When the iPhone 4 was released, it was the first time a decent quality camera was mounted on such a small device. It was such a radical change from the reality of heavy and cumbersome DSLRs. I was intrigued. So I thought, let’s do this.

It was the right time to try this approach as well. Instagram launched a few months later and around the world people started believing that “the best camera is the one that’s always with you”. It was the sparkle of a revolution. One you can today see the outcome of.
Of course, the quality was never on par with a DSLR, but I felt it brought back the fun.

For the next 3-4 years, all I had was my iPhone. With every new model, the camera got better and better. Even used it a few times for commercial work. And I was glad I didn’t have all the gear to carry with me when I moved to London.
I had my first exhibitions with iPhone photos. They were good, but it was also a novelty so all art galleries were jumping on the bandwagon. I published a book, and I caught the press’ attention with my empty Tube stations (it was only @missunderground and I back then). I even created my iPhoneography course. It was great.

I then purchased a small compact Canon for its long zoom lens (and to film in full HD, before the iPhone 5S), but 90% of the time I was still carrying only the iPhone around.

The iPhone travelled with me to various countries, and I never felt I needed anything else. My photography was more like a hobby now and only at times a complement to my work. And the iPhone was perfectly capable of delivering.

Until I went to Iceland.

The discovery of Fujifilm

I visited Iceland with my mate Fabrizio in 2014. We departed from London 2 days after the release of the iPhone 6 Plus, and I had that in my pocket. Apple had just used shots from this country to promote the new phone, so I was extremely excited.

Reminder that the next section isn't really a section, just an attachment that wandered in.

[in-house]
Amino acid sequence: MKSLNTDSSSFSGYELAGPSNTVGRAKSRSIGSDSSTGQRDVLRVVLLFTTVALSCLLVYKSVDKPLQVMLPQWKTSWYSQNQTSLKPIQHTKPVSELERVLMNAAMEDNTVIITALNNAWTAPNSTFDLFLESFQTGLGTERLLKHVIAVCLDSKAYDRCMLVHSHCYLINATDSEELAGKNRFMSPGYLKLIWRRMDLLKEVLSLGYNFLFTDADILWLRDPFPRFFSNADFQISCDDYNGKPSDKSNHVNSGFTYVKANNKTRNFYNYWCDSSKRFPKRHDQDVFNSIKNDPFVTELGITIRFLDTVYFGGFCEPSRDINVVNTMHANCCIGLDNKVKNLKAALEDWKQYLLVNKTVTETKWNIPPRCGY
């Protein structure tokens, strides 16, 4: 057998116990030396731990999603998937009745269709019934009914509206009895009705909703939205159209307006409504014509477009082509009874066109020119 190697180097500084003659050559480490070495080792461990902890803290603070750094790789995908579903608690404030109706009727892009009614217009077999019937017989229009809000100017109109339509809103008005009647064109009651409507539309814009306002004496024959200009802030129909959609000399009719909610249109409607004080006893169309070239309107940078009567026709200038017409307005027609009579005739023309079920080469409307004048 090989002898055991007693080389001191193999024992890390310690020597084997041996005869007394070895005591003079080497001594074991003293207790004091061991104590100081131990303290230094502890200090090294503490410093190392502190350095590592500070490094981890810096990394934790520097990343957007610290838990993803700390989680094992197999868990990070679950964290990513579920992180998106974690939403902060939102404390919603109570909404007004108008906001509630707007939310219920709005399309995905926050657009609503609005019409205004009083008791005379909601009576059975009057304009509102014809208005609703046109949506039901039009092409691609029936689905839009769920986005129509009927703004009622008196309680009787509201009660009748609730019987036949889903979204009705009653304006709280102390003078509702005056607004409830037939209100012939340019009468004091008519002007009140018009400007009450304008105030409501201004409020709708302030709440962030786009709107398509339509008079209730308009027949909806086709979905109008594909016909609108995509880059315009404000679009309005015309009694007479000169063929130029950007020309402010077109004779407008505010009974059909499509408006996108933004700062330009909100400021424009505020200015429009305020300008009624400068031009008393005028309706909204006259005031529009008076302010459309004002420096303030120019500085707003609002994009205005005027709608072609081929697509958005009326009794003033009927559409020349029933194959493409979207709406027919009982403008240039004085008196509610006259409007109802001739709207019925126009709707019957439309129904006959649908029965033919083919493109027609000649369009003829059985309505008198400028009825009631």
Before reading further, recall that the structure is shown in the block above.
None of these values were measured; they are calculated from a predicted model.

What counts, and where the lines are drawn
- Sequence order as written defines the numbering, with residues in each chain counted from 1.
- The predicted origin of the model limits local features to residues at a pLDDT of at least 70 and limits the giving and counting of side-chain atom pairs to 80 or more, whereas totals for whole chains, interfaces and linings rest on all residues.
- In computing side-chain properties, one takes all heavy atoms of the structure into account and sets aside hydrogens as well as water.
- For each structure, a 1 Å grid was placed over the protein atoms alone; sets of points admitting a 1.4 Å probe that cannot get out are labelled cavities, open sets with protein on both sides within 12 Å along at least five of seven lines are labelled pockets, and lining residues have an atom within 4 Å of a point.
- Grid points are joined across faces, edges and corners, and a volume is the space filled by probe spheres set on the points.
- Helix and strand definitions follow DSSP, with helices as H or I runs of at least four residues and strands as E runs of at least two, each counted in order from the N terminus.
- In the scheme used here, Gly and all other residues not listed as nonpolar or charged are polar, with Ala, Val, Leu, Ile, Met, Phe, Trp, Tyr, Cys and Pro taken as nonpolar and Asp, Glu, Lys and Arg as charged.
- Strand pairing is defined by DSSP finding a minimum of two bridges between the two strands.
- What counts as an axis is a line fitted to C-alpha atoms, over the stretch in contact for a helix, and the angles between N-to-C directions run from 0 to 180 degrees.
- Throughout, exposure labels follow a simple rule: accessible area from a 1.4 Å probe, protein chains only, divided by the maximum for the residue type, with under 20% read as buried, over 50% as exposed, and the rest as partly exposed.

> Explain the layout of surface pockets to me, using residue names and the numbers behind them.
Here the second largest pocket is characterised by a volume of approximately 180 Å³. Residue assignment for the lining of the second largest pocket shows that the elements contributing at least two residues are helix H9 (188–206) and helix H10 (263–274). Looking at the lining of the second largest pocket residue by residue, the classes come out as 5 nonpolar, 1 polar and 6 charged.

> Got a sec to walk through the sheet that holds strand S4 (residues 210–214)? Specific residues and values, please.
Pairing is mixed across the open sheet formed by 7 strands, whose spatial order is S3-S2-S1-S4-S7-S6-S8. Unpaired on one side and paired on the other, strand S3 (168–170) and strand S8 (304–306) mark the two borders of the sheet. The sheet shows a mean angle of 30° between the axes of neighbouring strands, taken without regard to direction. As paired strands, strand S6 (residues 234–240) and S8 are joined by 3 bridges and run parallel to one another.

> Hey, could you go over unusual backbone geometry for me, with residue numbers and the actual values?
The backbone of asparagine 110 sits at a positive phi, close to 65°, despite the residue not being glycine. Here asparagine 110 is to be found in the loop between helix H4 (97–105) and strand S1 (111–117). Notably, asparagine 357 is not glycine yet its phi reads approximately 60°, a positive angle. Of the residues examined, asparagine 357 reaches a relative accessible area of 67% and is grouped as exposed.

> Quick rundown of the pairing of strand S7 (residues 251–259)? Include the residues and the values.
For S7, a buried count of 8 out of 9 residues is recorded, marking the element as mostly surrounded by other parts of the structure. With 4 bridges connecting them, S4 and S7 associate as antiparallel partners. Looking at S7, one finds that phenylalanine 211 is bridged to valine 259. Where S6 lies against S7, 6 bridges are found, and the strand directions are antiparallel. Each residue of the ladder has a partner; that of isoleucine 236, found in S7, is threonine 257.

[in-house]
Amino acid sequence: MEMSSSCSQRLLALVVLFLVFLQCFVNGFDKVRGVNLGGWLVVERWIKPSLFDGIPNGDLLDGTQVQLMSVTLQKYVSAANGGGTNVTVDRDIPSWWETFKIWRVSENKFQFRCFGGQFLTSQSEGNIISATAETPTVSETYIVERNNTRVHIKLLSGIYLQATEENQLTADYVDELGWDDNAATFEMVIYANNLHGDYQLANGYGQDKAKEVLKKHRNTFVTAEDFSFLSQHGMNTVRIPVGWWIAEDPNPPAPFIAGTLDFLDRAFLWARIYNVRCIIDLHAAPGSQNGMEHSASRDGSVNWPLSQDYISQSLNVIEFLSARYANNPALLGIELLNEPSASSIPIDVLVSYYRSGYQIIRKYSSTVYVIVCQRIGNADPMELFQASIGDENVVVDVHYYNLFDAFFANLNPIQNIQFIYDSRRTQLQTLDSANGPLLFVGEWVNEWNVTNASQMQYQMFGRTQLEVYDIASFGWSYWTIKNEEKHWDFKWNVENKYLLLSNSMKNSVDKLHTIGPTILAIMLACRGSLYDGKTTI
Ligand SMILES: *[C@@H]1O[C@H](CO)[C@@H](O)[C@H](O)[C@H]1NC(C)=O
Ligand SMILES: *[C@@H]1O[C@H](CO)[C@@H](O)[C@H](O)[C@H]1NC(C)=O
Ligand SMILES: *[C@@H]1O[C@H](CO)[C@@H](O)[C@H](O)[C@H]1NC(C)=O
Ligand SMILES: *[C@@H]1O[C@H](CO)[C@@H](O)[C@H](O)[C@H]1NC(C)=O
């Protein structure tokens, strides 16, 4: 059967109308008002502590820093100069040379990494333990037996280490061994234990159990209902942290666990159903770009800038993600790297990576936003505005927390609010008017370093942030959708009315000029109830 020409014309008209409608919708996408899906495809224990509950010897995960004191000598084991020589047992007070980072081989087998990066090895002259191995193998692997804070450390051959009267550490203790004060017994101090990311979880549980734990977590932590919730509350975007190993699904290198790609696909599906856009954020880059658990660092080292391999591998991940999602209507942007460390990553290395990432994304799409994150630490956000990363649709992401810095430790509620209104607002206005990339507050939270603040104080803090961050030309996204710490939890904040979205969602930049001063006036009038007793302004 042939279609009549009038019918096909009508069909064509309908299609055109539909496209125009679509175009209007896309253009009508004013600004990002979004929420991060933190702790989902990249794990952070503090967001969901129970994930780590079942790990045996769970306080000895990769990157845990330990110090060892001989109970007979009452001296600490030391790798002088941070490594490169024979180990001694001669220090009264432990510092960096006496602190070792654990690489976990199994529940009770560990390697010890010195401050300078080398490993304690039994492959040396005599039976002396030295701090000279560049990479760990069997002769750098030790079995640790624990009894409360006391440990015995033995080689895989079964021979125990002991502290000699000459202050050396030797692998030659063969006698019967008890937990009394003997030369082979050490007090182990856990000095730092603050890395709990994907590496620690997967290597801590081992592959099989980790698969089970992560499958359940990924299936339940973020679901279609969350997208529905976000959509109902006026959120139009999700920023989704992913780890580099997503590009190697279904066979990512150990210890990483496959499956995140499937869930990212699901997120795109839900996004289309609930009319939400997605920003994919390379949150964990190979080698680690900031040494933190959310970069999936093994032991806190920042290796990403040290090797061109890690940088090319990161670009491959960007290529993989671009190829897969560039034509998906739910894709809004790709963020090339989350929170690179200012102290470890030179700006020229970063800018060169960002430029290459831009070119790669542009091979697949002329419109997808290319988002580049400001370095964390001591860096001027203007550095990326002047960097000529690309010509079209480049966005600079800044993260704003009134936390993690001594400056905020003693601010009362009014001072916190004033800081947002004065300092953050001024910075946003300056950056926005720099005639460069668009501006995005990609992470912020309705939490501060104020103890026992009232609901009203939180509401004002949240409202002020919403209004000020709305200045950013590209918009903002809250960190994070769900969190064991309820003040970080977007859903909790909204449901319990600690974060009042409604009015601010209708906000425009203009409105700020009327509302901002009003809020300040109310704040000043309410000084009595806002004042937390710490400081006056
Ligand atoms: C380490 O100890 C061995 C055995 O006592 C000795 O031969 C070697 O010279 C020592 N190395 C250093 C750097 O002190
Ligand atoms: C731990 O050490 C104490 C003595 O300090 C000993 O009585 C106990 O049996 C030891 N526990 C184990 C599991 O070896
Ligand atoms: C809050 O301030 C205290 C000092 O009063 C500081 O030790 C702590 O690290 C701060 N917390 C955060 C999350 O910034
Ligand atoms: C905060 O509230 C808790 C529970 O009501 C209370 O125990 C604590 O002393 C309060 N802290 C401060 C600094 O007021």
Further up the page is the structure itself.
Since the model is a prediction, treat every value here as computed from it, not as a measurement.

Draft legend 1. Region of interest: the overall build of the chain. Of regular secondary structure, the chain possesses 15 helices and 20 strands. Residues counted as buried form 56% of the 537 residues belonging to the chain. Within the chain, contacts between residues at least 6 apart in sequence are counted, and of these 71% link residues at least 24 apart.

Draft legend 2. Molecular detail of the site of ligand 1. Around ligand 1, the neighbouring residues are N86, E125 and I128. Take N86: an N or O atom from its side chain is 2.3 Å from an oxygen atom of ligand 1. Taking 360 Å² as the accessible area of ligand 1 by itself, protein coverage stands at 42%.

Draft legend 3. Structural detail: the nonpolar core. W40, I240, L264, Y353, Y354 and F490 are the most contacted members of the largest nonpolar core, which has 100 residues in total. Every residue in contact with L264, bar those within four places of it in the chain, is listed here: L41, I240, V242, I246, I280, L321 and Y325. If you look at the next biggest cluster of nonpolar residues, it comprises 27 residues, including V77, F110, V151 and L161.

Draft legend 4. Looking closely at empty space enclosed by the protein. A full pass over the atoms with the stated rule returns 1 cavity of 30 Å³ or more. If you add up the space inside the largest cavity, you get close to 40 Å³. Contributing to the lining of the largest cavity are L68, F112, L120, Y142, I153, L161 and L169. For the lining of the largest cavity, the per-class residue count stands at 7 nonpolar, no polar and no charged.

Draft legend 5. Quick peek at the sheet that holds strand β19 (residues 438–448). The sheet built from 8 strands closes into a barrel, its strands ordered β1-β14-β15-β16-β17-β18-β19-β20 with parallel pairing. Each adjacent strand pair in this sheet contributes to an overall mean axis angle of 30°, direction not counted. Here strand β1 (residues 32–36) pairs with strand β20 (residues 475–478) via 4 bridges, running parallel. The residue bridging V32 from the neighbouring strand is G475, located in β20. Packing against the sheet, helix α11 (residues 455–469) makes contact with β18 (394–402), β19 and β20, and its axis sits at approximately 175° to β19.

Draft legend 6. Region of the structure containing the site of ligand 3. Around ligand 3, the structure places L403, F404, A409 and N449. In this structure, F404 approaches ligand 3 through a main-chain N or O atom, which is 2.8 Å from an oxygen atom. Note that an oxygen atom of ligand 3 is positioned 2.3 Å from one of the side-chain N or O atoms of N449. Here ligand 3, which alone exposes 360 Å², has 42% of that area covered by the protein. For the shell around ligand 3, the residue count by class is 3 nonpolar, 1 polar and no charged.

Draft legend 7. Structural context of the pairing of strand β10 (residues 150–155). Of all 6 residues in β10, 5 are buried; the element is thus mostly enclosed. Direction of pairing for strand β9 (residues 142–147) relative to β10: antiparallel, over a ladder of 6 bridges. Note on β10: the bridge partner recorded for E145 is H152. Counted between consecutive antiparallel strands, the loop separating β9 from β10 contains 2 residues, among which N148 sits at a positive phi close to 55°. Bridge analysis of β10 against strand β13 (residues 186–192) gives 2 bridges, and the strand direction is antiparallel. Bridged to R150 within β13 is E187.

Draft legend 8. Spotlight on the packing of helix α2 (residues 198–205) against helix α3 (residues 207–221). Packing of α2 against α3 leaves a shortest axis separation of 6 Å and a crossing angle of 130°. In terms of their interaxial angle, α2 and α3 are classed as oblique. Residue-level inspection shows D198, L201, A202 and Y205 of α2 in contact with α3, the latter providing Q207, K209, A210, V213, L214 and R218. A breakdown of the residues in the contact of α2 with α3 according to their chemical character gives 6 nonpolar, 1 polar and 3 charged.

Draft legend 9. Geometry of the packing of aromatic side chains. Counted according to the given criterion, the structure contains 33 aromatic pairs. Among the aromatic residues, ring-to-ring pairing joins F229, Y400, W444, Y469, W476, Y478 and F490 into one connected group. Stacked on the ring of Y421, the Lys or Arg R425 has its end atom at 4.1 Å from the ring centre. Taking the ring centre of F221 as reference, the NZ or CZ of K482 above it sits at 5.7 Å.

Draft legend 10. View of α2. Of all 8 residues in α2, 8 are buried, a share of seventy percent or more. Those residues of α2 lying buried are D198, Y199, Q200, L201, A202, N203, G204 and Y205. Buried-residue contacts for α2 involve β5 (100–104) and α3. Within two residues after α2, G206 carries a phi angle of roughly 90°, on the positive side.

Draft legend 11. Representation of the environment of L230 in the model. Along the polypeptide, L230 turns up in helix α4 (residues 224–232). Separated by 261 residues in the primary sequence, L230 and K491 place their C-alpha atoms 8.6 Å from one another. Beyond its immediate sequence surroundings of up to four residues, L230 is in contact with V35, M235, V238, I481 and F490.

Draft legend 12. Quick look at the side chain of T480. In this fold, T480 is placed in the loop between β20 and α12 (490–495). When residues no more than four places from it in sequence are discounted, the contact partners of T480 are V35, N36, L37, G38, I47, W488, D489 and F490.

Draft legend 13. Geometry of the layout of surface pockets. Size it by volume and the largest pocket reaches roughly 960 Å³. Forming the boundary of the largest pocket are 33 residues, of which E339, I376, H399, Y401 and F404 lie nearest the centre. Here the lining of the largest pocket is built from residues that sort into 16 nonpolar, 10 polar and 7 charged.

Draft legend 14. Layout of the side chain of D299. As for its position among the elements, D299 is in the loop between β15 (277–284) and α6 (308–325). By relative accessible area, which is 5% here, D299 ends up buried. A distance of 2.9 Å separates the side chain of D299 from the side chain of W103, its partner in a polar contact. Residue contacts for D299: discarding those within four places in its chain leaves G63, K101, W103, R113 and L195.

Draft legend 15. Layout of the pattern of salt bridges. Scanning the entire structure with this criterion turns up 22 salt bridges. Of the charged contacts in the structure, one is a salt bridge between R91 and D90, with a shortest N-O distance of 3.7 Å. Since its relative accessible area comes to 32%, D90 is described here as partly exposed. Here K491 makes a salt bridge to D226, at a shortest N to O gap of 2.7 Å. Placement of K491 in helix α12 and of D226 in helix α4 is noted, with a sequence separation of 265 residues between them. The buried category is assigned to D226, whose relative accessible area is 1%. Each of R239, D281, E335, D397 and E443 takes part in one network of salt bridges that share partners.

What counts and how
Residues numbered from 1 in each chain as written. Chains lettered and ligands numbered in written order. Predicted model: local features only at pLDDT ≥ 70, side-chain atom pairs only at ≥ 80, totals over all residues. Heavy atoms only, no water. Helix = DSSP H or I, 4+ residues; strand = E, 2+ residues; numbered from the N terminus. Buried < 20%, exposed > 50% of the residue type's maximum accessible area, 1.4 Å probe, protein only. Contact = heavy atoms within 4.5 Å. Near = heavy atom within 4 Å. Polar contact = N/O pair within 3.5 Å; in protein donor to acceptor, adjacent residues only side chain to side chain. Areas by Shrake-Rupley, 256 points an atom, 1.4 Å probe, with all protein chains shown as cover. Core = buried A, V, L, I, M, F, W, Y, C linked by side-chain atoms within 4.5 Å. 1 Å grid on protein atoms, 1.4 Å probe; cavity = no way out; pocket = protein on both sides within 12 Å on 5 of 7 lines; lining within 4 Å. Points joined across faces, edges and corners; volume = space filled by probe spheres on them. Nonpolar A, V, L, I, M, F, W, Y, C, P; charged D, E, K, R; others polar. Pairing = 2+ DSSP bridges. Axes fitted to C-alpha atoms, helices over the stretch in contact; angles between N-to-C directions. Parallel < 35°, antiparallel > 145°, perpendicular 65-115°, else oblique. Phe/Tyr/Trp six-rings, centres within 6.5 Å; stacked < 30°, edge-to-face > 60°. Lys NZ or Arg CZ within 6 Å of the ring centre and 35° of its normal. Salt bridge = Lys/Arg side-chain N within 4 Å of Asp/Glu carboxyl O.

And quite frankly, I brought back amazing photos shot with the iPhone. Good enough to be beautifully featured in an A4 photobook.
Looking at those photos now, I’m still surprised at how much has changed in such little time: when I was there, it was completely empty, with no tourists in sight. Even Skógafoss, Seljalandsfoss, Vatnajökull or Kirkjufell… Empty. I don’t think it has ever happened again.

Double rainbow in Iceland with the iPhone 6 Plus, comparing with Fujifilm
a panoramic shot taken with the iPhone 6 Plus – in daylight, no problem at all

But back to photography. My mate had the Fujifilm X-T1 (yep, this is how I got to know Fujifilm), and we were constantly comparing our results. The colours of the iPhone were always a big surprise to both of us. This small device was perfectly capable of matching a professional camera.
In daylight.

I knew a smartphone would always struggle with low light (it’s only improved in 2019), and I was fine with it. But I’m sure you’re all well aware of this one peculiar event happening in the sky at night in Iceland… It’s not that the iPhone couldn’t take pictures of the Northern Lights; it couldn’t even see them! Any attempt resulted in a mushy and noisy dark void.
On the other hand, we were using the Fujifilm X-T1 with the XF35mm 1.4 to simply point at the sky and follow the Nothern Lights (it was cloudy the whole time, and they were hard to spot).

A matter of love